Starstruck

Starstruck

January 31st, 2014 by Kelsie Bowman in Getout Activekids

You lay with your back against a heavy quilt on the cold ground, and twinkling stars fill your eyes. On these cold, clear nights, family campsites should provide a spectacular view of the cosmos. Your 10-year-old stretches an arm up and uses a finger to trace what seems like a faint mist across the sky-the Milky Way-before asking what it is.

"It's the wonder of it all," says James Smith, a retired educator for whom the Smith Planetarium in Walker County is named. The planetarium features several telescopes as well as a 40-foot domed screen that can mimic the night sky. Its focus: teaching young students about astronomy. "It gets them turned on to science and gets them motivated to self-learn," he explains.

And Smith should know. Over the years, multiple students of his have gone on to accomplish marvelous feats in the field of science. Some even work for NASA, another for the Houston Museum of Natural Science. "It can be a lifetime hobby; if they learn to look at the night sky, regardless of what career they go into, they can always enjoy looking," Smith says. "All you have to do is go outside and look up."

There's an app for that

Sky Guide:

View Stars Night or Day

by Fifth Star Labs LLC

Explore the sky with a built-in compass and features that allow users to study constellations, comets and even satellites. $1.99

Chattanooga is near various planetariums and observatories that can help kids take their star knowledge to the great outdoors:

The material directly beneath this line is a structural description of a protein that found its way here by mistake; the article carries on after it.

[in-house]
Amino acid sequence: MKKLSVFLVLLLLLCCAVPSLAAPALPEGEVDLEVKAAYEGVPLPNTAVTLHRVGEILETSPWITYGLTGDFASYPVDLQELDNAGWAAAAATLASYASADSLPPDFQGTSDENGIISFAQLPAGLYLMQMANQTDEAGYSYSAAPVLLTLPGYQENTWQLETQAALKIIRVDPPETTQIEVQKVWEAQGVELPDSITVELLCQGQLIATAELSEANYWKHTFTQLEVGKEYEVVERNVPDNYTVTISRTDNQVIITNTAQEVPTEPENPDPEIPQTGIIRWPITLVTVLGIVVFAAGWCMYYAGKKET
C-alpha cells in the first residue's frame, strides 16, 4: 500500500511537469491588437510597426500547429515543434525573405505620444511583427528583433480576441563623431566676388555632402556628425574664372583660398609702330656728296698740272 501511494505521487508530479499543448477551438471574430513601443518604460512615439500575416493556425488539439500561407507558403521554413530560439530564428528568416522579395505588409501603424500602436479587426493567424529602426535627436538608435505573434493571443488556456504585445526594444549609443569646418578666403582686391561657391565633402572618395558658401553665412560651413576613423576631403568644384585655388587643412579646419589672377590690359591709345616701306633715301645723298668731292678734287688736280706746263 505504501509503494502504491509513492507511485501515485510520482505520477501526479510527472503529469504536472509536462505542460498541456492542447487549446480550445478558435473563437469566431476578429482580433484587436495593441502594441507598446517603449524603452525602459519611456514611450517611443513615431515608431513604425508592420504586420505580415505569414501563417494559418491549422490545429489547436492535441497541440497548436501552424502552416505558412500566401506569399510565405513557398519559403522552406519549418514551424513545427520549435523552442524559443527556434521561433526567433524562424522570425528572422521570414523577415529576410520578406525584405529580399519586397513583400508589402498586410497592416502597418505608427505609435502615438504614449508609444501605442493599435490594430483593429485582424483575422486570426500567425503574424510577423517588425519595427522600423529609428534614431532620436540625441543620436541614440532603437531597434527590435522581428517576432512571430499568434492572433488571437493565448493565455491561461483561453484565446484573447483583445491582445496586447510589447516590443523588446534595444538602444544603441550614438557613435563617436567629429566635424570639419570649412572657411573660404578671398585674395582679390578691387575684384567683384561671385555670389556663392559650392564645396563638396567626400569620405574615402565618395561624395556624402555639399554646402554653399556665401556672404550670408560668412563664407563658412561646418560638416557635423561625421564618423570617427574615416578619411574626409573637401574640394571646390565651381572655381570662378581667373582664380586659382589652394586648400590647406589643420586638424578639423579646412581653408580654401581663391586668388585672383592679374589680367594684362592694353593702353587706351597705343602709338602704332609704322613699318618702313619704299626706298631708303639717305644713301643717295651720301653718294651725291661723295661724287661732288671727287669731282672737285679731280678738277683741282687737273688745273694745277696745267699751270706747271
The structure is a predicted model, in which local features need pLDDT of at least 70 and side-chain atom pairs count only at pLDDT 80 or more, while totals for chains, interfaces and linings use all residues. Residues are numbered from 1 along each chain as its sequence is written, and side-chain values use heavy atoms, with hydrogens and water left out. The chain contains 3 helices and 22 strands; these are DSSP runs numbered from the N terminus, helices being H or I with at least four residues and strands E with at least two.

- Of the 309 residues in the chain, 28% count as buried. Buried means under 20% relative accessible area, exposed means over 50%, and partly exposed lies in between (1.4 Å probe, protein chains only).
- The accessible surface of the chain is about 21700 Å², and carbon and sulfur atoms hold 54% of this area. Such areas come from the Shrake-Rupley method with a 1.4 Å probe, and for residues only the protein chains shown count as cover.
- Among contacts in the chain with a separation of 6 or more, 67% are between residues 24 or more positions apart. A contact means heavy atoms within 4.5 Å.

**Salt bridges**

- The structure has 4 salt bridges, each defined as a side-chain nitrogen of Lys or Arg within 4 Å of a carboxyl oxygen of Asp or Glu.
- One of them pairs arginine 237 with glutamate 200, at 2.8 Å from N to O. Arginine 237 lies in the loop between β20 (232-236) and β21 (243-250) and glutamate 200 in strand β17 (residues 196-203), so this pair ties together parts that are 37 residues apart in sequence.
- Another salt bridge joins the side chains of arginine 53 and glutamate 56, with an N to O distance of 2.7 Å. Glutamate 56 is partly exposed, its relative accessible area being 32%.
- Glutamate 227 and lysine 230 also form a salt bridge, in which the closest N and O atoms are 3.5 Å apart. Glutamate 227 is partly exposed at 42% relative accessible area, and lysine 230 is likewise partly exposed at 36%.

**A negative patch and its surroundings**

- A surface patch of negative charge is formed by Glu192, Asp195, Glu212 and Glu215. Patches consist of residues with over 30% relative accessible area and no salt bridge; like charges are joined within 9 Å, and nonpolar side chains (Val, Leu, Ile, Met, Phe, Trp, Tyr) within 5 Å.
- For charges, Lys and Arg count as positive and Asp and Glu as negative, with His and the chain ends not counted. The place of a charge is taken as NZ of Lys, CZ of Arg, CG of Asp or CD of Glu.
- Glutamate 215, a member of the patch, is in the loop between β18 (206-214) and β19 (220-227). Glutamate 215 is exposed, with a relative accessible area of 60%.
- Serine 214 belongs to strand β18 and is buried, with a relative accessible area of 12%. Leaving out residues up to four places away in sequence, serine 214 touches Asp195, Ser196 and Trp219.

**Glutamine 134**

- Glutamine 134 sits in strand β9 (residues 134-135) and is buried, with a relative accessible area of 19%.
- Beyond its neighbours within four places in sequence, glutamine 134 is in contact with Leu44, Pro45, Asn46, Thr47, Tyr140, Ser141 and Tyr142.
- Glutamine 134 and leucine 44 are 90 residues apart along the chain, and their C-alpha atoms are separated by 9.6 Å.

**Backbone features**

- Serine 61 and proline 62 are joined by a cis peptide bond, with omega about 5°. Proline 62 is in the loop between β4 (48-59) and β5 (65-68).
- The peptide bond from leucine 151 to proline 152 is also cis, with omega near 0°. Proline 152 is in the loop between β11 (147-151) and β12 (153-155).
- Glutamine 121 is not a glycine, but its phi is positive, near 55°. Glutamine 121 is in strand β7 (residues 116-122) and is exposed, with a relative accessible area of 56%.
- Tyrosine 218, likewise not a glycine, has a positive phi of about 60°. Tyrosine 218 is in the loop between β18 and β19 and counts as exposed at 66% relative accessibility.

Smith Planetarium

409 Pond Springs Road, Chickamauga, Georgia

706-375-8001 • www.walkerschools.org/james-a-smith-planetarium

The planetarium hosts free programs for the general public the first Sunday and the last Tuesday of each month. During the month of February, it features "The Cowboy Astronomer," a program of star tales and Native American legends as well as constellation identification.

Clarence T. Jones Observatory

10 Tuxedo Ave., Chattanooga • utc.edu/~jonesobs

Courtesy of the University of Tennessee at Chattanooga, the Clarence T. Jones Observatory offers free public programs each Sunday night, featuring lessons on individual constellations and other topics like super novas.

Tellus Museum Planetarium and Observatory

100 Tellus Drive, Cartersville, Georgia • tellusmuseum.org

Just an hour away from Chattanooga, the Tellus Museum is open seven days a week, and its planetarium features weekday and weekend programs. The observatory also features a 20-inch telescope so that visitors can view the moon and other planets in the solar system.